‘Pop Culture Picts and the Imaginary Hadrian’s Wall’

Published on: Author: Megan 1 Comment

On 17 January, 2017, the Centre welcomed Dr. Adrián Maldonado (University of Glasgow) to discuss  ‘Pop Culture Picts and the Imaginary Hadrian’s Wall’. Adrián began by stating that, while this is not a typical topic for archaeologists, it is worth studying the messages that history-themed movies and video games convey to the general audience. While sometimes considered “low culture”, these art forms play a part in creating future experts.

Centurion Olga pictish stone screencapsbest

Currently, it is thought by researchers that Hadrian’s Wall was as much political as defensive in purpose. By the end of the Roman period, the wall’s original meaning, and even those who had built it, were already forgotten despite the multitude of Roman inscriptions lining the wall. It wasn’t until the modern period that its history was rediscovered. Adrián stated that during the 1000 years during which Hadrian’s Wall’s origins had been forgotten, it was simply a wall that separated “us” from “them”. In the months leading up to the 2014 Scottish Referendum, many jokes were made about having to rebuild Hadrian’s Wall if the referendum succeeded. This offers insight into how the public perceives Hadrian’s Wall.

In this lecture, Adrián highlighted several films which feature Hadrian’s Wall during the Roman occupation which were particularly offensive to his academic sensibilities. These films claim some degree of historical accuracy (see interviews with The Eagle’s director Kevin Macdonald here and Centurion‘s director Neil Marshall here), but Adrián argued that these films do not actually tell the story of the Picts, they focus on the Roman historical perspective; in some ways, these films actually tell us more about modern America and the American army.

When he discussed King Arthur (2004), Adrián did concede that some of the archaeological features of the film were largely correct, like the Late Roman barrow-field. An actual Late Roman barrow-field can be found in High Rochester, Northumberland, and while there are some discrepancies, their depiction was largely correct. The main issue here is that the “Picts” in the film were called “Woads”, even though the film takes place in 467 AD when we actually have evidence for the Picts during this time period. Adrián stated that this was a denial of history: while there were attempts to make the film historically accurate, the director then “invented” the Picts when it would be more historically accurate to have Picts. This was unnecessary and offensive.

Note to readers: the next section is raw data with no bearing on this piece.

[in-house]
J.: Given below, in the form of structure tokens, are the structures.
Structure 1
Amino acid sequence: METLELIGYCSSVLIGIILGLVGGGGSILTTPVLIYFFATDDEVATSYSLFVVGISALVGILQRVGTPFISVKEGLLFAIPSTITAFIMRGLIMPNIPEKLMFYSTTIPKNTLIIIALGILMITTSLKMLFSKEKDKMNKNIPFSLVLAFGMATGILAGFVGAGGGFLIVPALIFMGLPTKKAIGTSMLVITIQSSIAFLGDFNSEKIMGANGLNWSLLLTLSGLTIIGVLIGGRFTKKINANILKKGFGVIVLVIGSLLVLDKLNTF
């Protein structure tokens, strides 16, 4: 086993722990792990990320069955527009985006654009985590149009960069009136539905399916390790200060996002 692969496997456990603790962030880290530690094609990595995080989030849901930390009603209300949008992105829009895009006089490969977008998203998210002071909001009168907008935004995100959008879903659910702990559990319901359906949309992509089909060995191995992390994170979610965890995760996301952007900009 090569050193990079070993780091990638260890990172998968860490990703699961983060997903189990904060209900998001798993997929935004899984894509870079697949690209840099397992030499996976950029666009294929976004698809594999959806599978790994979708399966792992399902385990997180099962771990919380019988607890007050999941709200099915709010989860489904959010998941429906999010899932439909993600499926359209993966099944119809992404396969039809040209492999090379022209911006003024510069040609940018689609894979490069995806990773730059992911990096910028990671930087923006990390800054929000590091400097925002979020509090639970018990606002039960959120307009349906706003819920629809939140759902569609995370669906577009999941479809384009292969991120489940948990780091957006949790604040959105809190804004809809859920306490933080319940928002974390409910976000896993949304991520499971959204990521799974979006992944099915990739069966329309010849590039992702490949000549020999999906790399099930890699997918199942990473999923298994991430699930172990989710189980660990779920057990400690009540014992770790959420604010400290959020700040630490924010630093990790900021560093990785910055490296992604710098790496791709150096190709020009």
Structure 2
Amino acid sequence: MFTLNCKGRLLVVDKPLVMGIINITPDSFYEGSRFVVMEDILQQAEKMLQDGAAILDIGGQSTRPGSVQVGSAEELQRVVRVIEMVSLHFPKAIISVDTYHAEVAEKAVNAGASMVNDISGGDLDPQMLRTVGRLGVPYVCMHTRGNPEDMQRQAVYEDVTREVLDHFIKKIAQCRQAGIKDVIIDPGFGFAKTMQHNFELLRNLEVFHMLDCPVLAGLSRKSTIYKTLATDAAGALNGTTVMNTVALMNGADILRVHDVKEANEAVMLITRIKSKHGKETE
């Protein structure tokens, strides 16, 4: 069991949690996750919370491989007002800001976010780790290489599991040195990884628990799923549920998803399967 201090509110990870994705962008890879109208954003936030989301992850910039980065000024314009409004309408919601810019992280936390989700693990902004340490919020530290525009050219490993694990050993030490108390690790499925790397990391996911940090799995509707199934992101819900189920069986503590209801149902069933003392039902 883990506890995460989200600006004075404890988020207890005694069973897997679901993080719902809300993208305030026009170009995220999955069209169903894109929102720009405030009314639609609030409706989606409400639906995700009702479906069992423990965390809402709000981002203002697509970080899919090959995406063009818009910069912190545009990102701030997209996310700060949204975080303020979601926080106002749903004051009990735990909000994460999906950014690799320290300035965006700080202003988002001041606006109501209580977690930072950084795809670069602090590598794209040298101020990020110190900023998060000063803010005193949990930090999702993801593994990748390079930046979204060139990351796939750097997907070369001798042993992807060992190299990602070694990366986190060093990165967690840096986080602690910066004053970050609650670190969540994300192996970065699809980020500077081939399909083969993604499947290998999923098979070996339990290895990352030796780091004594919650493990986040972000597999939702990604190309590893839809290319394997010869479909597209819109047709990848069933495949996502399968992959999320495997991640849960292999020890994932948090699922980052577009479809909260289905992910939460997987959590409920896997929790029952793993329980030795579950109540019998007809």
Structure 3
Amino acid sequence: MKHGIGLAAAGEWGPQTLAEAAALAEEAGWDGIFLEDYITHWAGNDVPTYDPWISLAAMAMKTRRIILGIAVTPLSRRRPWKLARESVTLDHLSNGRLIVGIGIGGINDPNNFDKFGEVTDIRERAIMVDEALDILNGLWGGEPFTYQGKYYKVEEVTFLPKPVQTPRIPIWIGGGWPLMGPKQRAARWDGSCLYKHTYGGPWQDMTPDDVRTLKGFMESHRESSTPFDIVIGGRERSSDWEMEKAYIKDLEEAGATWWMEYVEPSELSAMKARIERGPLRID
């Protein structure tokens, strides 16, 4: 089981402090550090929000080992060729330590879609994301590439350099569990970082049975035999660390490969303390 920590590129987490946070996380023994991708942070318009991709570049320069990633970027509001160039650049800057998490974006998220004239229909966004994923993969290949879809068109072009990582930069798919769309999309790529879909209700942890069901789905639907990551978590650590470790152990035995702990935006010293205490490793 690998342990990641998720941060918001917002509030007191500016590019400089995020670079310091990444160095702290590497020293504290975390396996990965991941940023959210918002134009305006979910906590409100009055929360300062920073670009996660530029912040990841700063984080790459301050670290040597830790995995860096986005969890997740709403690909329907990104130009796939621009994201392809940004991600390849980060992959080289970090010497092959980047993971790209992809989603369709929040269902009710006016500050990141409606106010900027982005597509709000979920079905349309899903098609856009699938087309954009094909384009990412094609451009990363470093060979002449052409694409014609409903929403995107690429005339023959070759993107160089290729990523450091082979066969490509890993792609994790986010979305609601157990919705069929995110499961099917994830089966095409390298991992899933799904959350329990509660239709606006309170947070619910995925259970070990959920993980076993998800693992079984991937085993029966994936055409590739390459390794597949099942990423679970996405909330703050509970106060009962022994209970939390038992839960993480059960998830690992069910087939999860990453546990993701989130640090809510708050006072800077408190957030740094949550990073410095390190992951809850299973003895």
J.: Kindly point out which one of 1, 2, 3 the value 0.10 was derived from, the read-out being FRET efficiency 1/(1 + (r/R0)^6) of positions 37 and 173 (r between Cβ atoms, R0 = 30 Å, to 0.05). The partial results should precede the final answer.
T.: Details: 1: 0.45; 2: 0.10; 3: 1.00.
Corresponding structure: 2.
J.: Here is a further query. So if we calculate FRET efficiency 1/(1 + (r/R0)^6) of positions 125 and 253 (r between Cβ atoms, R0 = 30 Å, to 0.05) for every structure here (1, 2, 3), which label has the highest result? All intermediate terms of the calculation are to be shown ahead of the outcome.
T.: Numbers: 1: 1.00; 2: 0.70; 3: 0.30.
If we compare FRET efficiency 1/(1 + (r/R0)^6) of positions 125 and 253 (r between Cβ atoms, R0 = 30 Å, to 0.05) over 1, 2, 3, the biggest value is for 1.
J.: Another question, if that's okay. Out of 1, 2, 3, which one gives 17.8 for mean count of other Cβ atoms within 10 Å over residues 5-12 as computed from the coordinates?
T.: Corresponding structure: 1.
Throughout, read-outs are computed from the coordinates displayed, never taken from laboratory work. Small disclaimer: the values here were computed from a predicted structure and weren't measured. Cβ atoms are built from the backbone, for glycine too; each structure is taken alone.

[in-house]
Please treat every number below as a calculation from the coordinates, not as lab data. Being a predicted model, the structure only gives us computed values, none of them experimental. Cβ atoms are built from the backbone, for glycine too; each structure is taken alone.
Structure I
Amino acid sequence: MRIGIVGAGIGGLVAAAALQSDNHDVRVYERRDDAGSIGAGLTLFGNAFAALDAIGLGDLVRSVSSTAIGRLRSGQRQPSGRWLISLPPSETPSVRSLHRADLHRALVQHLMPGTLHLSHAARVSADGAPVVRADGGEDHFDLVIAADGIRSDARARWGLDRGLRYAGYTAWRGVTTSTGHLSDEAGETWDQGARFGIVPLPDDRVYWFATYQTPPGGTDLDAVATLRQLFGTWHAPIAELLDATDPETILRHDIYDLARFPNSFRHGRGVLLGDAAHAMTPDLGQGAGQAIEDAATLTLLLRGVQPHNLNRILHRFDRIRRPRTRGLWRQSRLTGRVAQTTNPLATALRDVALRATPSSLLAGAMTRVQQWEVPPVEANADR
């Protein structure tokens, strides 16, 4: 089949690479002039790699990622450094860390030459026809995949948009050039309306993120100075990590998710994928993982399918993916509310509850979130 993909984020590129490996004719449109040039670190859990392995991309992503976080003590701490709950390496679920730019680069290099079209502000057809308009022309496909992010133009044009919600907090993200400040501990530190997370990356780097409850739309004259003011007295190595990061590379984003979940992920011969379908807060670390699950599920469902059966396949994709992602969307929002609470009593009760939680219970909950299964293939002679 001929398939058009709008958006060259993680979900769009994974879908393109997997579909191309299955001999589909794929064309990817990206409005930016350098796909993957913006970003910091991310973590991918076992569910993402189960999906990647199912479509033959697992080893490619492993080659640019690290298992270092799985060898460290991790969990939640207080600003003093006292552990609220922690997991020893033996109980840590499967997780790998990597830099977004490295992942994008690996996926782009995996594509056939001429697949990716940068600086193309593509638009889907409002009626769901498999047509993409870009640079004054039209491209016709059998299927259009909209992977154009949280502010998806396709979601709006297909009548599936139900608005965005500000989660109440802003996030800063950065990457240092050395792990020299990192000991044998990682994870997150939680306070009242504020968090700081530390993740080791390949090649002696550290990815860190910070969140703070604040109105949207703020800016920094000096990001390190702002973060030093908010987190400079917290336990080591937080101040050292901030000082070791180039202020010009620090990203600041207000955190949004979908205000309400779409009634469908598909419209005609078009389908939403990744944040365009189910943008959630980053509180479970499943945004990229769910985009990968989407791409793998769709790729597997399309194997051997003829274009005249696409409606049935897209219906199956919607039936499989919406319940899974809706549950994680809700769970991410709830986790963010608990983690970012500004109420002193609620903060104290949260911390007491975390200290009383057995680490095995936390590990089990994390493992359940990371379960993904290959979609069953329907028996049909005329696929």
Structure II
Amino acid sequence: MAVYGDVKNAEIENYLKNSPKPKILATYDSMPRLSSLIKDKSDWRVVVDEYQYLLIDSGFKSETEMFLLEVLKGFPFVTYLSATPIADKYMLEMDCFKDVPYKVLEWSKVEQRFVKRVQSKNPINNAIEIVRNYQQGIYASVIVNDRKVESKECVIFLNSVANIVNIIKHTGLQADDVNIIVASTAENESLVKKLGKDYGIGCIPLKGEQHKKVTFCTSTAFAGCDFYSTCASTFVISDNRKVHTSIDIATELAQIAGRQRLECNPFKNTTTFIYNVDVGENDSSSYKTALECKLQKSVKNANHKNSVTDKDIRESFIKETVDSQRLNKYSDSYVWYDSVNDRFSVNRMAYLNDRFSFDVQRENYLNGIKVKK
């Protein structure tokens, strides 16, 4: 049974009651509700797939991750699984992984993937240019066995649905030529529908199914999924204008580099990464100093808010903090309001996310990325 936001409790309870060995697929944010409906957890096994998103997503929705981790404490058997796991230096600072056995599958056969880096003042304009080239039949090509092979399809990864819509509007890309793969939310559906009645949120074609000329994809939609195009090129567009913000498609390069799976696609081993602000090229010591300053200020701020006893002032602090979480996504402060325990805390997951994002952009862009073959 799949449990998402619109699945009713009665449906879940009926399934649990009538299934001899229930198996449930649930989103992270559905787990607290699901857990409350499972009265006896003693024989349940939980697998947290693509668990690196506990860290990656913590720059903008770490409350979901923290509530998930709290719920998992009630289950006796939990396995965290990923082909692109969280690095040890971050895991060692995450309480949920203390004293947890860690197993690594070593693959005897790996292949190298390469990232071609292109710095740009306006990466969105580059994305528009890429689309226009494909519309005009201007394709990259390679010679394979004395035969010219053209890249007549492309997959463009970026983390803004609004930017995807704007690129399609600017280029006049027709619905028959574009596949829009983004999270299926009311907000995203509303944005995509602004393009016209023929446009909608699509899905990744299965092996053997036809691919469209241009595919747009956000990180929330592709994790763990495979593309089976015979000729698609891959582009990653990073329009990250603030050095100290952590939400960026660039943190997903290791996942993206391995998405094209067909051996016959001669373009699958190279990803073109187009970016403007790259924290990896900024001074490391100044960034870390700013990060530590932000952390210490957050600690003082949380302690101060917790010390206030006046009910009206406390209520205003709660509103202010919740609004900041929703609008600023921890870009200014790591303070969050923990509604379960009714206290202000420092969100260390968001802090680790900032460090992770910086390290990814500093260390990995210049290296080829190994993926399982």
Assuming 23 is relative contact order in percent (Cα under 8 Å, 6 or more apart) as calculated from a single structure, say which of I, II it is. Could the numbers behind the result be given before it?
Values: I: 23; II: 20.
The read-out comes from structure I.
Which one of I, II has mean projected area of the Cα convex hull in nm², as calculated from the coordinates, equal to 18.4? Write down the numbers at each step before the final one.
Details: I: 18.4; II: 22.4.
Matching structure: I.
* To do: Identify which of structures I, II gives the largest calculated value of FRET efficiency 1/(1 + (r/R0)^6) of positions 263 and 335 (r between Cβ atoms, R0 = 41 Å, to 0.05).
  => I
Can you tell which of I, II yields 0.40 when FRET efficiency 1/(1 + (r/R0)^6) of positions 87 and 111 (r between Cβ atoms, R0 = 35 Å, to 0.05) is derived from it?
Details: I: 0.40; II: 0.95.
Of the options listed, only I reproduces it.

In the case of The Eagle (2011), there are at least two native groups opposing the Romans: the tattooed Pict-equivalent sporting Polynesian-inspired tattoos and “The Seal People”, a non-Pictish tribe from Argyll who appear to be full-on Northwestern American Indians, although with a few red-heads thrown in to emphasize their Scottish lineage. These native cultures from different areas of the world were seen as interchangeable by the director, and the result is a mish-mash of famous native groups. This depiction is a denial of the individual histories of these cultures simply to produce the feeling of “otherness”.

There are some positive aspects of Centurion (2010): it features Pictish symbol-themed stones (although these are not exact replicas of any known Pictish stones) and the lead antagonist is a female Pict instead of a burly, male Pictish warrior. Throughout (and in the previously mentioned films!), the casting shows an active choice to ignore the Scottish resource, especially when lead actors are American or British. In this case, the female Pict is played by a Ukranian actress in an attempt to make the past more exotic than it needs to be.

When discussing their historical research (see the interviews with the directors above), most of these directors are drawing from Roman classical sources. It is important to realize that during this time period, these “ethnographical accounts” were embedded with Roman propaganda and incorporated only minute bits of truth. Adrián cited Greg Woolf (Tales of the Barbarians, 2011), who stated that “ethnography had become a new species of myth in Classical sources.” Earlier in the occupation of Britain, coins depicted Britannia as a pile of rocks, suggesting that the Roman view of Britain was not free of disdain. In the 4th Century, “historical” sources regarding the Picts are heavily biased to the official imperial line, and so paint the inhabitants of Scotland with broad strokes and described the Picts as people to be feared. These sources emphasized the perceived outside threat to distract from the political issues that were arising at home in Rome.